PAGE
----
I have just finished reading a book called “ How I became a Yorkshireman”. It was given to me by a very good Yorkshire friend of many years, to help me to understand this race of people, who live in the back of beyond of our wonderful country.

It is hilariously amusing in that it tells the story, of a young man who came to Yorkshire in the 1960s, much like me, and was introduced to the ways of Yorkshire folk. His introduction was both daunting and strange for a “soft, effete” southern lad, who because of economics had inadvertently strayed over the border from south of Bawtry, into the misgiving territory of God’s own County.

To be fair the book title is a misnomer, in that one cannot become a Yorkshireman. You are either born one or not, and if not, one is destined to a life of inferiority in one’s own country forever. Putting that aside, there are some interesting truisms which are as relevant now as then in the book and from my own experience remain and always will remain of living in Yorkshire.

Let me explain.

I first ventured foot into God’s own County in 1967 when I joined the Army and upon receiving my rail warrant was overjoyed to see I only had to travel to Richmond. As a Londoner I was pleased I did not have to go too far from the bright lights and big city known to us cockneys as “the Smoke”. Upon arriving, bleary eyed at Richmond railway station Catterick,  I soon realised my mistake.

There was nothing except dark and gloom and everything seemed to be a black and white photograph that my parents showed me of their childhood days before the War. I then went on to spend sometime in Yorkshire off and on over the years with the Army, but never for too long and I always looked forward to leaving it and going somewhere warm, sunny and lively.

That was until the dreaded day I was posted permanently to Yorkshire and the city of York.

Everyone told me I would love it. I have come to realise in that time, several lessons, enthusiastically taught to me by ever willing throngs of Yorkshire folk, how astute Yorkshire people are. I have now been here over 30 years, in the same house, in the same village, where I know most of the people and whenever I open my mouth I still get the same retort from everyone I speak with.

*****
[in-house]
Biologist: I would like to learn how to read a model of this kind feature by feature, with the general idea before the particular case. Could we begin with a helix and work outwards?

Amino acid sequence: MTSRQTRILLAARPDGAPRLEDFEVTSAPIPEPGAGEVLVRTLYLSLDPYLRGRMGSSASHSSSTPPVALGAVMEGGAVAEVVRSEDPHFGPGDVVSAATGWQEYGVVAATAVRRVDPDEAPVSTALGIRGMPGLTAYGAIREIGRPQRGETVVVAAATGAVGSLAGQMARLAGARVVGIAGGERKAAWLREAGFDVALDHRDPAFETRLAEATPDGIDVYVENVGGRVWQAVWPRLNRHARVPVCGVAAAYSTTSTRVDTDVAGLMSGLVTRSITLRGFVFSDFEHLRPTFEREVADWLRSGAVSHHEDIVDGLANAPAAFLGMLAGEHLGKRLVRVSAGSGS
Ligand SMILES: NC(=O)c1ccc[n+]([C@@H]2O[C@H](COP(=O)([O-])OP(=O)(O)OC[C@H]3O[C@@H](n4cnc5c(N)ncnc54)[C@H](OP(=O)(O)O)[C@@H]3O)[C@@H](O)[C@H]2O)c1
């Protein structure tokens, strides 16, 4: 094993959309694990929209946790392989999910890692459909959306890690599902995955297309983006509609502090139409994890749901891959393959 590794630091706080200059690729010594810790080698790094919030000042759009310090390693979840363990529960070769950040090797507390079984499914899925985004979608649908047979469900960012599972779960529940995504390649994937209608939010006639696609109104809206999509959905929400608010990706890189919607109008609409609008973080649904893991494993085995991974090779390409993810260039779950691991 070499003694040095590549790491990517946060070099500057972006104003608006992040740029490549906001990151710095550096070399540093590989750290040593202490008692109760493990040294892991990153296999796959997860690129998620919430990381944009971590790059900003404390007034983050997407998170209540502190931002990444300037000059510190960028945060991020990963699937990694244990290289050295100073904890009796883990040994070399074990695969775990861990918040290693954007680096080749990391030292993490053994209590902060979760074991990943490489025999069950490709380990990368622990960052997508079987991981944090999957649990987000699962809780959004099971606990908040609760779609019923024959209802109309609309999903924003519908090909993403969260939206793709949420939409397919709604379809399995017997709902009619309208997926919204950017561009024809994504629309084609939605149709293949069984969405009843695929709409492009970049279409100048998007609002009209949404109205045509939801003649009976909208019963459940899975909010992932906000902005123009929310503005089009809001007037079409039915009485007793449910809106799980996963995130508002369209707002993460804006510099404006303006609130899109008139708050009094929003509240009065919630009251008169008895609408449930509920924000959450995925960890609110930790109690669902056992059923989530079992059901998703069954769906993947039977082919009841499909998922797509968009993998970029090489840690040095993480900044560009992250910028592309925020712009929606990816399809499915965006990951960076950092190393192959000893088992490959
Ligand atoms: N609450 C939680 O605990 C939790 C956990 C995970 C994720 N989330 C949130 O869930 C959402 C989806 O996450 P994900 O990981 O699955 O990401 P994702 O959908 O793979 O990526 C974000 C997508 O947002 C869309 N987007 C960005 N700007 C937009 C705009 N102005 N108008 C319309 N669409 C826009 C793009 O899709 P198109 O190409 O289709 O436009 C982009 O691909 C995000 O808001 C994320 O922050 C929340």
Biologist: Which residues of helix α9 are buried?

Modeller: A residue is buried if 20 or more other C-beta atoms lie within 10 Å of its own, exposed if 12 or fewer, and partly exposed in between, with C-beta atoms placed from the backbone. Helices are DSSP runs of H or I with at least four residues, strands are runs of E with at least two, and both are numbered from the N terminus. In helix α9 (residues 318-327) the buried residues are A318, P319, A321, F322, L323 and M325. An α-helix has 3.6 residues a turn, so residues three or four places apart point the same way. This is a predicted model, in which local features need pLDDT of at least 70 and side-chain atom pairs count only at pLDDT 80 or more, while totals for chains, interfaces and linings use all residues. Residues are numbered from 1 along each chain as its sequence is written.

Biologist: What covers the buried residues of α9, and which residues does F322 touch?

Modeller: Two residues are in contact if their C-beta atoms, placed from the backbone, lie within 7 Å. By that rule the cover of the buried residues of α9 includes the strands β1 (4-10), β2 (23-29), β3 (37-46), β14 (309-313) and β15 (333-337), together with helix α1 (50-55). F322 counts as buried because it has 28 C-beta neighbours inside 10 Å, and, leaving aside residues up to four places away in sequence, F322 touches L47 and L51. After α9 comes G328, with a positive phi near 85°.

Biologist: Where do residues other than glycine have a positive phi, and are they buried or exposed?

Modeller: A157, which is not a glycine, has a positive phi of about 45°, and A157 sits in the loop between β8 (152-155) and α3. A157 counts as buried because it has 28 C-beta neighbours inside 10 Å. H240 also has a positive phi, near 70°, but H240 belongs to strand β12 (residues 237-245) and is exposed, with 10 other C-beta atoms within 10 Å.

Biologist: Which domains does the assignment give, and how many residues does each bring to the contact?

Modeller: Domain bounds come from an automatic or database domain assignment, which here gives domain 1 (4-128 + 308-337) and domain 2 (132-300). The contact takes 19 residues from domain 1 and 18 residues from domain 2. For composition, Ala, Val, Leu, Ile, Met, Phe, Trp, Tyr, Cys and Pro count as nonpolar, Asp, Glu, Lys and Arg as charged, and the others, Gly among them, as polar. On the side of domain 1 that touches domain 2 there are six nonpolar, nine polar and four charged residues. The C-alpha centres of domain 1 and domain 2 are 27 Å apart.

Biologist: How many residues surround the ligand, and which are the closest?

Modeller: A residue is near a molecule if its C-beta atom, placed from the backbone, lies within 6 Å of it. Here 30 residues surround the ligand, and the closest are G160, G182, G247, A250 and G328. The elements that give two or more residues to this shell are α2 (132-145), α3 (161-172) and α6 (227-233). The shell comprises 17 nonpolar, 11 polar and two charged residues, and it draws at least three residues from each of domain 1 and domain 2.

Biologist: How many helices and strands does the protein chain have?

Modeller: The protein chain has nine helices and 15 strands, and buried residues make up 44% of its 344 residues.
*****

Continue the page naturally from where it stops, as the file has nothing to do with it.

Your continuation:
Tha’s not froom rownd ere, are ye?

I now realise how perceptive Yorkshire folk are and this lesson is constantly reinforced on a daily basis.

I also learnt very quickly how “Brass” or money plays a big part in Yorkshire life. A good friend of mine, who lived in our village until his passing, was a Yorkshireman through and through. We would often go to the pub on a Friday evening at the end of a long hard weeks work. One Friday as we got to the pub door in our village, he propelled me in through the door quite forcibly to the bar in front of him. I was non-plussed to say the least. I duly bought the round and we sat down. He did not seem upset and chatted away amicably as usual about the wonderful Yorkshire cricket side, the beautiful Yorkshire dales, good Yorkshire eating pubs and how much food one got for the lowest price, the best Yorkshire beer to be had and how much it cost, and lastly Yorkshire!

I then tentatively posed the question. “ Why did you push me in the door like that when we arrived, have I upset you or something”?

He duly replied, “Nay lad, but Ah bort last rownd last week”!

A salutary lesson never to be forgotten.

I love living here and Yorkshire folk are no better or less friendly than people anywhere else in the country. There’s some real good uns and some others, who will remain nameless, exactly the same as anywhere else in my experience. It is a beautiful county and the dales are breathtaking all year round, the seaside towns like Whitby and Scarborough are very bracing, the food is traditionally cooked, and I never tell my southern friends how good it is, in case they come “oop north” and the house prices go up. I will not be leaving God’s own County ever.

But, the most important lesson ever taught to me by a gruff Yorkshire lad was the Yorkshire motto, which holds true for all Yorkshiremen to the day eternal, and it is this.

“Ear all, eat all, seh nowt and if tha does owt fer nowt, do it for thissen”

Hear ends the Yorkshire lesson from a lad “who’s not from round here”.


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